Improv season is in full swing at UW Madison, and Sophomore improviser Trey Grant posted recently to advertise his upcoming show.
“HEY YOU. YEAH YOU,” Grant said. “Now that I have your attention (which I so desperately need haha) I have an improv show coming up on Friday. We’re called “Stellar Tubesocks”. If you want to come see me make a fool of myself come on down its’ in Vilas 1110 at 8pm. Be there or be square! (Not that there’s anything wrong with squares, Wendy’s has pretty good square burgers!)”
According to UW Madison Statistics major Molly O’Brien, Trey’s post was liked solely by other members of his improv team. In O’Brien’s full study, she delved into the numbers surrounding posts like Grant’s.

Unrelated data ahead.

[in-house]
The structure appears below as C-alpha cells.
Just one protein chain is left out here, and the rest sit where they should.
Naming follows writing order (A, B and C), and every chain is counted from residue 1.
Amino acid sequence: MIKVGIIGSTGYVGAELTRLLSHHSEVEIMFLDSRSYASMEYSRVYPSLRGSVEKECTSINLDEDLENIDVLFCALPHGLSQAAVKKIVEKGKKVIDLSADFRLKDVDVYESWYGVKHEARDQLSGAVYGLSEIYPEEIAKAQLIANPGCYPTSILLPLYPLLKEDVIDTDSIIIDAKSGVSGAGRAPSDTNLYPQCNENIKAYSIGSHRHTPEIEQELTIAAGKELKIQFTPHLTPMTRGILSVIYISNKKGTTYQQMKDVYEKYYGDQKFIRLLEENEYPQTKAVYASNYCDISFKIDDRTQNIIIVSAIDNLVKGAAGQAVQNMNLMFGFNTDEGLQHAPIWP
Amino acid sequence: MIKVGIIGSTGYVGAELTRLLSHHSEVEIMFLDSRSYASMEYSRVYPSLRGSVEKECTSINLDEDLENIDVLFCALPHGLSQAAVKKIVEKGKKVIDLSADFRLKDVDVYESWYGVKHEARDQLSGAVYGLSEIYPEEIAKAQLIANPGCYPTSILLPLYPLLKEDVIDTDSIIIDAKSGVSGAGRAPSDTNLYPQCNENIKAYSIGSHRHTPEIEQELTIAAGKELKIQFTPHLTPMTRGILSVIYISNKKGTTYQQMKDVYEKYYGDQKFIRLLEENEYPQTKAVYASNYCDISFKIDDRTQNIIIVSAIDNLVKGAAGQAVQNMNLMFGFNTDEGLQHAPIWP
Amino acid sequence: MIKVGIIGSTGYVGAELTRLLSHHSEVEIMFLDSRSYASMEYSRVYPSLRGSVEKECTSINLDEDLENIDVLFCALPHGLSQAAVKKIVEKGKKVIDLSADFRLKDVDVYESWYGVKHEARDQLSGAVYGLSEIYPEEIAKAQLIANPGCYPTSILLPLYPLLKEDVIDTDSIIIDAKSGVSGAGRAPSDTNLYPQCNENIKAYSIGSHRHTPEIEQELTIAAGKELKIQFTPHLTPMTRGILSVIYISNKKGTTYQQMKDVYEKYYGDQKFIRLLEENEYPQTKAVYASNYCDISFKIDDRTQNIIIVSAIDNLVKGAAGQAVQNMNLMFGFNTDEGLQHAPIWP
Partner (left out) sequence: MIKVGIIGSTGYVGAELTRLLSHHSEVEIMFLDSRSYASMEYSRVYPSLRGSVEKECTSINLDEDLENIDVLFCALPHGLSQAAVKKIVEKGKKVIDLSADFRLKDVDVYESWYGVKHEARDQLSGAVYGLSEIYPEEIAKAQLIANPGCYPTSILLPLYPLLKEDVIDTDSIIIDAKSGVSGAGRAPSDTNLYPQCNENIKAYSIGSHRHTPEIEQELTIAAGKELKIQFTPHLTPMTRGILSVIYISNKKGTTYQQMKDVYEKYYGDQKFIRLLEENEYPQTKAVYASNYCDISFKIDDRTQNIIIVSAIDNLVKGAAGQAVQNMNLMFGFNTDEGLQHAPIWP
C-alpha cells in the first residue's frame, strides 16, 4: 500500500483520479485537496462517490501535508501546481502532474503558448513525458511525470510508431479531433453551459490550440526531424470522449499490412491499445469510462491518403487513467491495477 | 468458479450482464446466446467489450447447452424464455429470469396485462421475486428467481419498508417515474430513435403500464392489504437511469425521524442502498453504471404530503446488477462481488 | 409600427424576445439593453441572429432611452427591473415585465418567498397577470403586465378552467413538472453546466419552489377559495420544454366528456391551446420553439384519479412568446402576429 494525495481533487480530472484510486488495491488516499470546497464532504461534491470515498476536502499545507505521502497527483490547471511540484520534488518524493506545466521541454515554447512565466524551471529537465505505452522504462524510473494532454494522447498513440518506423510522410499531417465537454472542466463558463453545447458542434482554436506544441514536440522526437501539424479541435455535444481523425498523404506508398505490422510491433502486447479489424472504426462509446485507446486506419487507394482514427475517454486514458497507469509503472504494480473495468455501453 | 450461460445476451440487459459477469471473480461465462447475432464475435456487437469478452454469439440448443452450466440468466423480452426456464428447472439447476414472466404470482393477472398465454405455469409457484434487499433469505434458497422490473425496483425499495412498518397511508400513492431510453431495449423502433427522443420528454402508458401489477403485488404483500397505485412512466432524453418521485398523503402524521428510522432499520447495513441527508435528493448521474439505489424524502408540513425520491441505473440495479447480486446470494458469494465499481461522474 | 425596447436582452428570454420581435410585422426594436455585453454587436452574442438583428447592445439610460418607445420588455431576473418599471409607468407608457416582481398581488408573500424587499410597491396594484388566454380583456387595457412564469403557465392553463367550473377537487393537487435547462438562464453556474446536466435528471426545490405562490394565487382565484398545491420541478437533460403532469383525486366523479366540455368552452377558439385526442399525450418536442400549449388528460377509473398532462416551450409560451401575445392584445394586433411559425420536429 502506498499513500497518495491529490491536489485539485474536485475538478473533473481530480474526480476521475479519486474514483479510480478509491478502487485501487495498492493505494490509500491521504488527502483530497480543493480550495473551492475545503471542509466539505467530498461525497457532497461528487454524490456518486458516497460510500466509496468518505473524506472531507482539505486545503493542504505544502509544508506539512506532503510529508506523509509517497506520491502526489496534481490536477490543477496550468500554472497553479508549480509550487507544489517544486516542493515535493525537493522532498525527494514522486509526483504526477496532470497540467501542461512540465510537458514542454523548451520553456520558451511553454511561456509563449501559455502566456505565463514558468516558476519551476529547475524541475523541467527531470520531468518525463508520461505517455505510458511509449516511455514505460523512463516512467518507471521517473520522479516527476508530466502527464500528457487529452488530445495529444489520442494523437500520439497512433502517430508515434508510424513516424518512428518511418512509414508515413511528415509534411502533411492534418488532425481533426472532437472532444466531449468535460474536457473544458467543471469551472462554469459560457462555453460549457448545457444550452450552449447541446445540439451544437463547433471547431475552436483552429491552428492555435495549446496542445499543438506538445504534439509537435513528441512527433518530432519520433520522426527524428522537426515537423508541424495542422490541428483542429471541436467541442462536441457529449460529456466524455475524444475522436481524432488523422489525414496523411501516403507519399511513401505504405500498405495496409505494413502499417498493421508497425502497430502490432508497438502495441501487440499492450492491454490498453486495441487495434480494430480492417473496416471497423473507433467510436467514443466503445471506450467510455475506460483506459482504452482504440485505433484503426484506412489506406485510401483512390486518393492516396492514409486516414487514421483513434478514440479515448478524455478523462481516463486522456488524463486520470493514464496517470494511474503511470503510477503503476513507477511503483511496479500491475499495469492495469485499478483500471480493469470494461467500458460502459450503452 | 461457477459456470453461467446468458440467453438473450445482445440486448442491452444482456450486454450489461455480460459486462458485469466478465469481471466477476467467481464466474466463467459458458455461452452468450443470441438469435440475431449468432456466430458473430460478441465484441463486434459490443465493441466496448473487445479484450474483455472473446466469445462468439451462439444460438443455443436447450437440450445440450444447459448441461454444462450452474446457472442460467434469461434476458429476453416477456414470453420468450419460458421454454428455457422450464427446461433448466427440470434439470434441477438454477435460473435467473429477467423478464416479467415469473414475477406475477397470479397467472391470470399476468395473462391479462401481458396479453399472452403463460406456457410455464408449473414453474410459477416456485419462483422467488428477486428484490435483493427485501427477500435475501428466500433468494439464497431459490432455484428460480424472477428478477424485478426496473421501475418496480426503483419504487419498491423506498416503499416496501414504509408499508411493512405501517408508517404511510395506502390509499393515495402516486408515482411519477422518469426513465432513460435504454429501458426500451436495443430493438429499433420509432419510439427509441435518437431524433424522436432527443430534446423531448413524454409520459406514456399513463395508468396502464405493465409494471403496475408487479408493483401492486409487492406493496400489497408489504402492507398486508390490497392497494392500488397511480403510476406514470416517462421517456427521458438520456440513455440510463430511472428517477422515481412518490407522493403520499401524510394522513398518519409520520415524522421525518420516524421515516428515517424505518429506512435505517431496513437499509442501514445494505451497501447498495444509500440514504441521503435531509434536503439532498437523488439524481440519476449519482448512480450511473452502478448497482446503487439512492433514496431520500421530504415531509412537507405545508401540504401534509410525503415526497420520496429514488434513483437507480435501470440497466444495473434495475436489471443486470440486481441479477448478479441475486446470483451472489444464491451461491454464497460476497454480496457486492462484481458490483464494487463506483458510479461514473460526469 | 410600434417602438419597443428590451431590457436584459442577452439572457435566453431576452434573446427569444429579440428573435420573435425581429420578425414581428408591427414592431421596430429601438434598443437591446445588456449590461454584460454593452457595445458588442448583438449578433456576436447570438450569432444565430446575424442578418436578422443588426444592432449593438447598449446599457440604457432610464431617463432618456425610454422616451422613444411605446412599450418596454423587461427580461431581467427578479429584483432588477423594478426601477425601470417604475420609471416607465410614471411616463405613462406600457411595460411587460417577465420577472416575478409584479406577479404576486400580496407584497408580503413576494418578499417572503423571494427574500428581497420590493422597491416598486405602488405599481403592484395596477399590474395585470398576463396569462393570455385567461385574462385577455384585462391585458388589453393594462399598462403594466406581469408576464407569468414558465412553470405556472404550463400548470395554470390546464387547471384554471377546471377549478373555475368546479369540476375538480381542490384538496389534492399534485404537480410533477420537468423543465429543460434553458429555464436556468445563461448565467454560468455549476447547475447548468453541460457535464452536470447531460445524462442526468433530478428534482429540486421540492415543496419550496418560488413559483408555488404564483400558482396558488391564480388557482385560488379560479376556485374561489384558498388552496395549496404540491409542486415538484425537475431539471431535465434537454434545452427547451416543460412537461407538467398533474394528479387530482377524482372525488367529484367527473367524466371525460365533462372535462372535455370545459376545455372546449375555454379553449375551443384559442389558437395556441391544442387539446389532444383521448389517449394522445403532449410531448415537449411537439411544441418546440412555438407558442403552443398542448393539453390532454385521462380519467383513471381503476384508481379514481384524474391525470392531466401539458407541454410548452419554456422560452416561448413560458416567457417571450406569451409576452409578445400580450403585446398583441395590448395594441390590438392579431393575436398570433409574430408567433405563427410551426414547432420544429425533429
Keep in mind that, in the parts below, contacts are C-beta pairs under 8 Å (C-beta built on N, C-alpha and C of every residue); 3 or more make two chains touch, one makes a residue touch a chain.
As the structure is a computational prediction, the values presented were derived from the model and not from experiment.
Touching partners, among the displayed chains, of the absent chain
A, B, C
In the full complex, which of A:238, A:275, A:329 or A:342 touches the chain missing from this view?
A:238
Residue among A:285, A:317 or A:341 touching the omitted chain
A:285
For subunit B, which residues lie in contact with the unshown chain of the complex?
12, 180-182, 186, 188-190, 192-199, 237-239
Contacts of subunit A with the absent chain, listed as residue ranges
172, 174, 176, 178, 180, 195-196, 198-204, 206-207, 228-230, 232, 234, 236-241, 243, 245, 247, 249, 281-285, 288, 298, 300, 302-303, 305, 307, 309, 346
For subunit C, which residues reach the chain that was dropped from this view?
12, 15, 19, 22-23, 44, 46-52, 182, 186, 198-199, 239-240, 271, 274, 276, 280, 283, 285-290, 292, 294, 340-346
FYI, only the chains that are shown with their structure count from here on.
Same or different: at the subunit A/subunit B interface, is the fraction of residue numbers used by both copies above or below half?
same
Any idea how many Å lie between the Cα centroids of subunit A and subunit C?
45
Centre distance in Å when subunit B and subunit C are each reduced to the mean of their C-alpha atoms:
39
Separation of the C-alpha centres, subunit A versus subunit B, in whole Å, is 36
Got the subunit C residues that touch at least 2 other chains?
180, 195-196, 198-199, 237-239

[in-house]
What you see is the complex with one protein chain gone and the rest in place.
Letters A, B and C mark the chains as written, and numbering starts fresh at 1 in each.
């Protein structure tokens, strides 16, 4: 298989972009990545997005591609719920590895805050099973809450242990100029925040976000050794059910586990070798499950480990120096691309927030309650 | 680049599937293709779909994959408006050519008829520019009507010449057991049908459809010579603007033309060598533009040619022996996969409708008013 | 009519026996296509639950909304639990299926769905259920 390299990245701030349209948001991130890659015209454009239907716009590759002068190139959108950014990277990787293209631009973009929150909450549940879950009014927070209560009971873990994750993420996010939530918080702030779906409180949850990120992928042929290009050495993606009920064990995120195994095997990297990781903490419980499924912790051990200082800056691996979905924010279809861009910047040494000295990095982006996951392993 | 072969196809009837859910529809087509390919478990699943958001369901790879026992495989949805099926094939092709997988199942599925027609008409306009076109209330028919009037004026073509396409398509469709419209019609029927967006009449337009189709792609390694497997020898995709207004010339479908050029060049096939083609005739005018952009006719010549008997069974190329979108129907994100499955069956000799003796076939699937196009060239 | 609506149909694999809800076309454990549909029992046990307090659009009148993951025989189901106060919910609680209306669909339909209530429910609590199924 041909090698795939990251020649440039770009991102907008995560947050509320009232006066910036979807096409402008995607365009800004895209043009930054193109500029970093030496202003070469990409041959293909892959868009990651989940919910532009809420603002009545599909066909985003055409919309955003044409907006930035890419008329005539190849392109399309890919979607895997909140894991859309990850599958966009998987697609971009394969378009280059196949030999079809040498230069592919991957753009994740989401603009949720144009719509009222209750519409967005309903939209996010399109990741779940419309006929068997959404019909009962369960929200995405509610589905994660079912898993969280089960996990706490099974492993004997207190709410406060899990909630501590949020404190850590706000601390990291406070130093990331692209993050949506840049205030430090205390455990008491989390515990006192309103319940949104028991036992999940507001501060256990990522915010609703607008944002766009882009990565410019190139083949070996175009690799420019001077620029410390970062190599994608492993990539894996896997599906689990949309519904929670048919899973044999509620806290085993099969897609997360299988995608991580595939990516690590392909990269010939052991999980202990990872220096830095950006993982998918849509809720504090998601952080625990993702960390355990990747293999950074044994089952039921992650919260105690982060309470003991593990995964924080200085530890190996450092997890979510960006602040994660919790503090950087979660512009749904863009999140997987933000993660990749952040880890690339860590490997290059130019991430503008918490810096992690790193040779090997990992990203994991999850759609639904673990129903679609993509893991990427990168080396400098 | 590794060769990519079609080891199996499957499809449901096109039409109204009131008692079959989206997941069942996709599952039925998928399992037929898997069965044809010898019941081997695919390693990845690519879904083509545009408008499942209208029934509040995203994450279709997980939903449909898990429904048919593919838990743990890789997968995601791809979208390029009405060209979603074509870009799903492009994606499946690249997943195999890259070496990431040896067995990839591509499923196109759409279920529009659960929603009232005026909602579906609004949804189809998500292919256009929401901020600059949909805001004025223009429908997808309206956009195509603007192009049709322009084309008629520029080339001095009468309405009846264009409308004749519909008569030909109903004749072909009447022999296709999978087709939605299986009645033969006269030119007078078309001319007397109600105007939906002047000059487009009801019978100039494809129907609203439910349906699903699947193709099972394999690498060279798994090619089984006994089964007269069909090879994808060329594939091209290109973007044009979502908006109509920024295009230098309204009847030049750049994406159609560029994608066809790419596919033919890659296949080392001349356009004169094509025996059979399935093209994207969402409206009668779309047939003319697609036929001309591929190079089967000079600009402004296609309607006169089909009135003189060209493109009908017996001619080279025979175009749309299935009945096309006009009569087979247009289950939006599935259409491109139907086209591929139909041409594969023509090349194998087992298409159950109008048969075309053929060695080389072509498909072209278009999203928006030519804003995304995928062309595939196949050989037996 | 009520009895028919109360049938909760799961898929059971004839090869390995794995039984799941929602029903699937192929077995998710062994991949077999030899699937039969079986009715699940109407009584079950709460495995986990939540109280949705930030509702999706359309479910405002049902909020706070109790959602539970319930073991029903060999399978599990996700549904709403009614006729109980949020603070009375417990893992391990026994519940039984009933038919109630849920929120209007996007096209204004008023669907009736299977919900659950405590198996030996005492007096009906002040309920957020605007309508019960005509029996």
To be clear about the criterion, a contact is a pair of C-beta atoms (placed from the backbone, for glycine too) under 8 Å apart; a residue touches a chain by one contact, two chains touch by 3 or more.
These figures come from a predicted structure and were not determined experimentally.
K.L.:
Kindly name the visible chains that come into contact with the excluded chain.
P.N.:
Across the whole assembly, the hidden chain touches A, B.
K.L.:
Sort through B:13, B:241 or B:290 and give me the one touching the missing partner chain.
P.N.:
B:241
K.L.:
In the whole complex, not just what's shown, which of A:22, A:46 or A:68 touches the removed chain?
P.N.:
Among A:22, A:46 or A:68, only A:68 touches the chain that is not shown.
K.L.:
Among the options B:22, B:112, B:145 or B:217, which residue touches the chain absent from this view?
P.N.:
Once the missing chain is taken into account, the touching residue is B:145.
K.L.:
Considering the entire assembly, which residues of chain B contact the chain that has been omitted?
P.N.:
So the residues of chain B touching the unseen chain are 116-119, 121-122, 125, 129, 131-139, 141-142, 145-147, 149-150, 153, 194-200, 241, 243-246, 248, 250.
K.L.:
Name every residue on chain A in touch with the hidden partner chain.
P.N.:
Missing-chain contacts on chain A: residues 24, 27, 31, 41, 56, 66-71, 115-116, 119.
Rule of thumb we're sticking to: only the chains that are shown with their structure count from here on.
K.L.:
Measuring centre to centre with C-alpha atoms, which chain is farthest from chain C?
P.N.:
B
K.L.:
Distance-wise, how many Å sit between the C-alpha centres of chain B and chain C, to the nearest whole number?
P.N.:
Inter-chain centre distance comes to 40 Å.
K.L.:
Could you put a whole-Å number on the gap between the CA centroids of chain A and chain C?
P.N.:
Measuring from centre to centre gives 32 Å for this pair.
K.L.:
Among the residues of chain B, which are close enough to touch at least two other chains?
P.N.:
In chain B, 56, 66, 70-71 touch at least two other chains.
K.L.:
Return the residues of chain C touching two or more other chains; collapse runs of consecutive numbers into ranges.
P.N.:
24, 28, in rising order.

“Every month, at every university, every improv team on campus uses quirky facebook posts as their main source of advertising,” O’Brien said. “On average each improv team has 12.4 members, and each university has 3.1 improv teams. If they perform monthly, that’s 38.44 quirky posts every month, more than one a day. We can’t let them get away with this.”
Accompanying O’Brien’s study, UW Madison’s english department head Andrea Mill released a linguistics analysis of these posts in.
“We see a lot of puns, misuse of capital letters, and attempts at cute self deprecation,” Mill said. “Some of them go even so far as to say outright that they’re shamelessly promoting themselves as if that makes it any better. Others will resort to overt begging but try to make it sound cute, or refer to the audience as ‘homies’ or ‘peeps’. Who do they think they’re amusing?”
At Grant’s show, 94% of the suggestions offered by the audience were “Shrek” or “Donald Trump”